Feet on the Street
However, building a business philosophy was not enough. Welch had to COMMUNICATE HIS IDEAS and make sure that employees were listening to and adopting those ideas. He did not believe in videotaped presentations to thousands of employees. He preferred in-person visits to GE installations across the United States and around the world. He spoke constantly before GE audiences. To make sure that he was spending enough time getting his message across, Welch refused most media interviews, rarely appeared on television, and never joined the boards of other companies. The most important means by which he communicated his business philosophy was in his annual letter to shareholders.
Welch spent a few weeks during the early part of each year preparing his letter to shareholders that appeared in the GE Annual Report. In the early years of his chairmanship, Welch’s letters to shareholders were fairly straightforward—he discussed how the company had done the year before and little else. But in time, Welch spent part of each letter describing one or more aspects of his business philosophy. By the late 1980s, most of each letter dwelt on his philosophy. Welch himself considered that letter one of the most important events of his year.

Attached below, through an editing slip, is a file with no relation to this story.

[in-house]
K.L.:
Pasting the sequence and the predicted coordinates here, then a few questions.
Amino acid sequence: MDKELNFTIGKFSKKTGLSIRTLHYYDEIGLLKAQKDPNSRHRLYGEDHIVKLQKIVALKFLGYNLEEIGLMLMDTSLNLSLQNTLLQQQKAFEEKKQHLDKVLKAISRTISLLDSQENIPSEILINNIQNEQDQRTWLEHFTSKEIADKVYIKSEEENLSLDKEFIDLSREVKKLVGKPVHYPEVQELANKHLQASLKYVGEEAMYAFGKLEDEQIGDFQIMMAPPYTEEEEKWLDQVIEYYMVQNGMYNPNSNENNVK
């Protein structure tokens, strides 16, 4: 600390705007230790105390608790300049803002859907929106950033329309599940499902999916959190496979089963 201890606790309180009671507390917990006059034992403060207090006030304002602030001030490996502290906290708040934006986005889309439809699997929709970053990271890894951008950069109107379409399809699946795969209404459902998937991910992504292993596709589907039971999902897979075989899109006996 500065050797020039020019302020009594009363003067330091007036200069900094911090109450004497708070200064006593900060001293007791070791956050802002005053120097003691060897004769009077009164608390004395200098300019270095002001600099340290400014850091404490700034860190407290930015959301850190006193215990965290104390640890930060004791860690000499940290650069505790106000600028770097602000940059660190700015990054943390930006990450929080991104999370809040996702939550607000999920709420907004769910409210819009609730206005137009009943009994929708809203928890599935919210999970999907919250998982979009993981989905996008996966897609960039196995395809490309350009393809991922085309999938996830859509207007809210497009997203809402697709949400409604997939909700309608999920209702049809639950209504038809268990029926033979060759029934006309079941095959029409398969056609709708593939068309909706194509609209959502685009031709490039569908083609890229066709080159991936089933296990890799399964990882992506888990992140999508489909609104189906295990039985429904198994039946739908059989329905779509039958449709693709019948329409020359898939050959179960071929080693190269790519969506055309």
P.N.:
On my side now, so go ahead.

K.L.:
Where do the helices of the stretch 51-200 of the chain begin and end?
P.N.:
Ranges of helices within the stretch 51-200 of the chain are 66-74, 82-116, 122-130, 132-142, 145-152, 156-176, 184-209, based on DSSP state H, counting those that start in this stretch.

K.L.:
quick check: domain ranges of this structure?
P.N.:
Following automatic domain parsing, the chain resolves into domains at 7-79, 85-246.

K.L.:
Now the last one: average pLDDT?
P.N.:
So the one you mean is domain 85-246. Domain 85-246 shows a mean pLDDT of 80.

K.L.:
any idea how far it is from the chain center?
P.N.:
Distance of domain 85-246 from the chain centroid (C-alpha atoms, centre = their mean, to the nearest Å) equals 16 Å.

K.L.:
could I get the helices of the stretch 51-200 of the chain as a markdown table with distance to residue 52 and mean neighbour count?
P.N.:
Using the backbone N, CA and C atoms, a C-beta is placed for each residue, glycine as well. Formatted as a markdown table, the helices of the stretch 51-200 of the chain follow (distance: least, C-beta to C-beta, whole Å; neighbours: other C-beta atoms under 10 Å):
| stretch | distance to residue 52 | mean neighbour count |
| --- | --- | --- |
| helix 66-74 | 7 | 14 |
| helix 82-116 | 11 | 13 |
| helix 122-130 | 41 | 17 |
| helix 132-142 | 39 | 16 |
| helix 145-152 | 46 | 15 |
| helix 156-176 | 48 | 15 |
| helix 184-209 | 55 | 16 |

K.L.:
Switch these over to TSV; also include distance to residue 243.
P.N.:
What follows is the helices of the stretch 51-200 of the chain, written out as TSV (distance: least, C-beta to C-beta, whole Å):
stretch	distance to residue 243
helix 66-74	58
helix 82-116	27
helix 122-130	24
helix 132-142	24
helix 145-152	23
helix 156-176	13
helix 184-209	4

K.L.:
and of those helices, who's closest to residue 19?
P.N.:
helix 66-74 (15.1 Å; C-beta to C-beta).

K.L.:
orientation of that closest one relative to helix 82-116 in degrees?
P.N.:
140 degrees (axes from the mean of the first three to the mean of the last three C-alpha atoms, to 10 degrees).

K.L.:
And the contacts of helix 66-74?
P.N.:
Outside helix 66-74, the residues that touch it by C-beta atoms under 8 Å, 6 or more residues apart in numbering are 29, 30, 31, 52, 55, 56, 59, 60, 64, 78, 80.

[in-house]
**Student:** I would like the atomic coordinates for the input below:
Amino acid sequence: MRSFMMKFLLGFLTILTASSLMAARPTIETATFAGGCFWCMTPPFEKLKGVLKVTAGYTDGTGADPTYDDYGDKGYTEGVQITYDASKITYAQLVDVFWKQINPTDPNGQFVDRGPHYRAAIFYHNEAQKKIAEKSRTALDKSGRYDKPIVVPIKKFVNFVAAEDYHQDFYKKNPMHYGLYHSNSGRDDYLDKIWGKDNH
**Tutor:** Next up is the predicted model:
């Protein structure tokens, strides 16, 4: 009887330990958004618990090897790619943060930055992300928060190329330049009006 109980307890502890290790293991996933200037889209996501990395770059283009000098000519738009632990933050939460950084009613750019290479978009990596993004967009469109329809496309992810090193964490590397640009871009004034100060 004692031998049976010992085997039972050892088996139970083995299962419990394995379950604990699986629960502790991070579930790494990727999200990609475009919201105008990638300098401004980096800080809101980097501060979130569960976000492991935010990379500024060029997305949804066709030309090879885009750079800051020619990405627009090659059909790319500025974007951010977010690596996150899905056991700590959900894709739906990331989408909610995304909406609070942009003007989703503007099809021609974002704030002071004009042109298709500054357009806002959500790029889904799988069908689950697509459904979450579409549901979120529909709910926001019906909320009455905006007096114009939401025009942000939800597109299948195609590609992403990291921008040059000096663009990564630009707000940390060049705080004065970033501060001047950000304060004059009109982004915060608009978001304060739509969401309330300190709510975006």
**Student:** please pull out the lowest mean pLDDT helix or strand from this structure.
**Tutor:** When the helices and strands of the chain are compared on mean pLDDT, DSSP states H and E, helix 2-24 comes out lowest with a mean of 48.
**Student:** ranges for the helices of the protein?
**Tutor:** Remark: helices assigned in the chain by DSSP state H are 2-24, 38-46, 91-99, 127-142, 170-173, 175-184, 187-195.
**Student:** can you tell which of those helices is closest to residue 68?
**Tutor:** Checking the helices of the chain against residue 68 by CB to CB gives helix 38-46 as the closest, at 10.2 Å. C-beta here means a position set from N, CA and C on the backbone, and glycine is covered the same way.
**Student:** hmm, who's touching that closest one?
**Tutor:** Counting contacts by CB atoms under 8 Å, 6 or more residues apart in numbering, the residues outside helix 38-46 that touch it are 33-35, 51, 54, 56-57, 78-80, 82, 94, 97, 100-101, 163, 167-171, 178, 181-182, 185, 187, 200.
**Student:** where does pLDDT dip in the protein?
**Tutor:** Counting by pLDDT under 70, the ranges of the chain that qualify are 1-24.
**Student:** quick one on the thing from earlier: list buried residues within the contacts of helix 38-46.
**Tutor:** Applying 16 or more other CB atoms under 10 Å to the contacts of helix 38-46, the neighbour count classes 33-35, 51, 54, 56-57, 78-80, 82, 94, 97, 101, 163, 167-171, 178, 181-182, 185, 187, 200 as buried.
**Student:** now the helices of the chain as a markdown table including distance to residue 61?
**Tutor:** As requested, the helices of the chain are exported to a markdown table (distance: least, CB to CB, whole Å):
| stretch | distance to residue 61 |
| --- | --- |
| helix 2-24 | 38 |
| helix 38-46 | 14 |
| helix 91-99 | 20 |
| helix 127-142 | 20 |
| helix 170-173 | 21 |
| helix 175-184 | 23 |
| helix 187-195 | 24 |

His process was systematic and nearly identical year after year. Alone and seated at his desk in his office at company headquarters in Fairfield, CT, Welch would dictate his first draft into a dictating machine. A secretary then transcribed the recording. All throughout the editing and rewriting of the transcribed draft, Welch still showed it to no one. Eventually, when he was ready, he showed it to 10 senior GE executives. After integrating their comments, he then produced a final version.
It was through these letters that GE personnel read, for the first time, about concepts such as “Number 1, Number 2,” “boundarylessness,” “speed, simplicity, and self-confidence,” and “unleashing the brains and energy of employees.”
Unleashing the brains and energy of GE employees became one of Welch’s most serious challenges in the late 1980s and early 1990s. It stemmed from his desire to get the maximum productivity from his employee force. It took Welch some time before he realized that all the downsizing and restructuring that he had put GE through had taken a toll on the employees who remained. They were unsettled and in need of some nurturing from above. Relieved to survive the cuts, they still believed that they faced perilous futures as they confronted new plants, new bosses, and new jobs. Were their jobs truly safe now? They doubted it—not with Jack Welch in charge.
Welch concluded in the late 1980s that his employees needed to be empowered, and not because he felt sympathy for their unsettled feelings. He understood that he had to provide new motivation to employees to work harder. The secret was giving workers a feeling that they were “owners” of the business, not simply forgotten cogs in a faceless machine.